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Our Wayward Fate: 11/16/19
Our Wayward Fate by Gloria Chao (2019) is set in Indiana in a very white, racist town where Ali Chu is the only Chinese student at her school. Then one day a new Chinese student shows up, Chase Yu. Sparks fly — some good and some bad.
At home things are already tense. Ali's parents don't get along. Her mother stays at home, rarely venturing out. Her father hasn't been the same since he failed to earn tenure.
Although Ali's mother has always insisted that she should only date Chinese boys, she doesn't approve of Chase. She is down right hostile to the though of Ali being in a relationship with him.
After learning of their relationship, Ali's mother suddenly starts pushing for her to take a trip to China. As far as Ali has known, her family is from Taiwan. But here she is being dragged out of school to travel to China.
Gloria Chao in the introduction explains she has chosen to leave the Mandarin spoken in the book untranslated. She does this to recreate the experience of many Chinese-American children who grow up knowing certain phrases but never fully learning the language or learning how to read it.
There are times in the book where Ali and Chase go on fascinating tangents on the literal vs. idiomatic meaning of certain phrases. These do get translated through the context of their conversations. I would love to see my daughter's reaction to this book as she has studied Mandarin for seven years and has picked up a few interesting idioms from her more entertaining teachers.
While the mid book trip to China might seem like the reason for this book's placement on the road narrative spectrum, it isn't. While the goal of the trip is match Ali with a better Chinese boy than Chase, it's a complete goose chase. Neither Ali nor her would be fiancé are interested in each other. Furthermore, he happens to be gay. But even if he weren't, there just isn't the chemistry there that Ali's mother swears she sees.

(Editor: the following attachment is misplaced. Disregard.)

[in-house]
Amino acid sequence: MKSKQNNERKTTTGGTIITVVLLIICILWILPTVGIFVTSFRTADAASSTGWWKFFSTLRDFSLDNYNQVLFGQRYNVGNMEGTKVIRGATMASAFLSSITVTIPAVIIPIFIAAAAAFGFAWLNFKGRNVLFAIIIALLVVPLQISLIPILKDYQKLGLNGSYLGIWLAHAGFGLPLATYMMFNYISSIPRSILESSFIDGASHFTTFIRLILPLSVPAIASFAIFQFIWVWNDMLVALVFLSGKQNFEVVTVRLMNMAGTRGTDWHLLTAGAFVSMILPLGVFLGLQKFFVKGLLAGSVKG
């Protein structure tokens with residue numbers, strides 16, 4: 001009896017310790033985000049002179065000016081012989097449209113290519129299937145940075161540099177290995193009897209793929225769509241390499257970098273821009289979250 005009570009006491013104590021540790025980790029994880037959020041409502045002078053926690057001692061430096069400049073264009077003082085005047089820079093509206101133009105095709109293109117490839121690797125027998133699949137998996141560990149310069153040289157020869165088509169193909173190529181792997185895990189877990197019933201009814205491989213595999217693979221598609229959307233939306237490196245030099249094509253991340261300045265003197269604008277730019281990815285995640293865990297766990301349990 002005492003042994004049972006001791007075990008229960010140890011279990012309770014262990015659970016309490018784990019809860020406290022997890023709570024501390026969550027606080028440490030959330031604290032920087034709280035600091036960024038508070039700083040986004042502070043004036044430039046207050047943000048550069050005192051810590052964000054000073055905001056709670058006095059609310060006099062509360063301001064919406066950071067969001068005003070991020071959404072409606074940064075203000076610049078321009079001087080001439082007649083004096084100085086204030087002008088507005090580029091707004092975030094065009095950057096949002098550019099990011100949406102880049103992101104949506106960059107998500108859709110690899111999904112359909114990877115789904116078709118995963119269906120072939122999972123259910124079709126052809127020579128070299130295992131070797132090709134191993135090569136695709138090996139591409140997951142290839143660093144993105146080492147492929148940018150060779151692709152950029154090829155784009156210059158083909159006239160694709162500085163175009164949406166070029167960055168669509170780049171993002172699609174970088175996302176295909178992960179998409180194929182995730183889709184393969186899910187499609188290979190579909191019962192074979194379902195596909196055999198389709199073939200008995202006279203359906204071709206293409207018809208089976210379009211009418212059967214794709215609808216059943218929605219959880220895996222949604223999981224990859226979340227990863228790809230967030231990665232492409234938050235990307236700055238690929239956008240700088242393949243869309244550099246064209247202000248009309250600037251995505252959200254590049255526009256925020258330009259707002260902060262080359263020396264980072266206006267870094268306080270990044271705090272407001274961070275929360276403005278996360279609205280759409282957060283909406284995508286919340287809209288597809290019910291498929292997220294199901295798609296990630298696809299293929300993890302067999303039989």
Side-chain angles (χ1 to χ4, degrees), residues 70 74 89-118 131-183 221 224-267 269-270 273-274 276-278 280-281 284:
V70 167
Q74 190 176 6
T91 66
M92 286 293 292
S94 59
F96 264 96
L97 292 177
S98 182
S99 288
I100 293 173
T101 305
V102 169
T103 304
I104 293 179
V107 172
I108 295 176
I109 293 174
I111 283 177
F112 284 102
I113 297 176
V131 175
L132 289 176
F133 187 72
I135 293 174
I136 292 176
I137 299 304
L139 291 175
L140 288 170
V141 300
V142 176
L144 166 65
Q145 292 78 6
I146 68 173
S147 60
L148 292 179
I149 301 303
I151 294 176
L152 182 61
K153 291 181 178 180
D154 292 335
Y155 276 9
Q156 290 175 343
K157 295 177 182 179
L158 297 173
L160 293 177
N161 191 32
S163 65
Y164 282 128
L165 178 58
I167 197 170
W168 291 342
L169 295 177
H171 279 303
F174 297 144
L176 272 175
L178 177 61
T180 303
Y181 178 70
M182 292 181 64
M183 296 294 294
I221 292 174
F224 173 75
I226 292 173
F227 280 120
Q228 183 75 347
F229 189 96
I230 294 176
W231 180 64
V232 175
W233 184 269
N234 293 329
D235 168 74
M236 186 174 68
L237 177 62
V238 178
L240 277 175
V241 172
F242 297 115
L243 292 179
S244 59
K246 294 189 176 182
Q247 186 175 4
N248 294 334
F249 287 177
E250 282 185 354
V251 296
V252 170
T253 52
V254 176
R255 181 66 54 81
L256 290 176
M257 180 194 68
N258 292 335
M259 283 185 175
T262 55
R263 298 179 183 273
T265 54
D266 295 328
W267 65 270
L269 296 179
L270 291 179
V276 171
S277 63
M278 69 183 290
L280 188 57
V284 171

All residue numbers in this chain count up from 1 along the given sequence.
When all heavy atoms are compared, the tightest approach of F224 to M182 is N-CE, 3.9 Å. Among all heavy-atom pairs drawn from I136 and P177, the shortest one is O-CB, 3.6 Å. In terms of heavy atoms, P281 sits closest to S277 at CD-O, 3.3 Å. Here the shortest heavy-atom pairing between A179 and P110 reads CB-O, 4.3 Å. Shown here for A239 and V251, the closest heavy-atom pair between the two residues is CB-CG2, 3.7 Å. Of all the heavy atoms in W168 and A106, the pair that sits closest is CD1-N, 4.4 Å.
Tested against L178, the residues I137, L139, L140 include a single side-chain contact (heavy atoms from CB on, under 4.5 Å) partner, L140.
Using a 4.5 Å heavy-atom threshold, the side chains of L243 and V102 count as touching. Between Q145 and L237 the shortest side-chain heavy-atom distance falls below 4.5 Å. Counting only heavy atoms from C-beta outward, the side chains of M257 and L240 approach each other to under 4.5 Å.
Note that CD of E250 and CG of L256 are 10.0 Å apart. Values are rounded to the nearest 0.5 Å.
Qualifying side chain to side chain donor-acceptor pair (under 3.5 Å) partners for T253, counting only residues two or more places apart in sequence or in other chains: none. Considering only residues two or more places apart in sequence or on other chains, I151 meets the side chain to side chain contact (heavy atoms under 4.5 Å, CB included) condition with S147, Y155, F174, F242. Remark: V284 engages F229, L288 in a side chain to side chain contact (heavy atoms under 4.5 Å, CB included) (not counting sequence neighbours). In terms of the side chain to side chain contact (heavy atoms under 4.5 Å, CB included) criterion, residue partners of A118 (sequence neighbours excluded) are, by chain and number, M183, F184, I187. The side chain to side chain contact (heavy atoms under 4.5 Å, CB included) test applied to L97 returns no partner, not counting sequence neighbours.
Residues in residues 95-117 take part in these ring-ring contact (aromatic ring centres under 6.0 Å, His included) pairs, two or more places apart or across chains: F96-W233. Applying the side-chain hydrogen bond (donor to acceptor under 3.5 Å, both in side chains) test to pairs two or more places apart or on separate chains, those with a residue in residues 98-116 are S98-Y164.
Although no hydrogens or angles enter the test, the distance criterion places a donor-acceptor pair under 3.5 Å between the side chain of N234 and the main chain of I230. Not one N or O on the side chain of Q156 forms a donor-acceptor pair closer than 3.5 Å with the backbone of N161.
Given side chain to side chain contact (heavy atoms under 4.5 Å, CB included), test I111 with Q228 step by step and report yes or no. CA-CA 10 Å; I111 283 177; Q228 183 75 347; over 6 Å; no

Instead, the book's placement on the spectrum comes from actions Ali and Chase take back home in Indiana. As Ali and her would be fiancé aren't a couple and aren't going to become one, only Ali and Chase qualify as a traveling couple (33).
Ali and Chase meet up in Chicago at the end of her abortive flight to China. It's there in the Windy City (00) that they confirm their status as a couple. It's also there that they make plans to confront their parents and set things right.
But their route to the city, to becoming a couple, is a metaphorical one, through the cornfield (FF). Throughout the book Ali ties her feelings of being trapped to living near cornfields. When Chase and she come to the decision on how to confront their parents they literally walk through a field to stand in the waters of Lake Michigan and they look back towards Chicago.
All together Our Wayward Fate is ultimately about a couple traveling to the city via the cornfield (with a detour to China).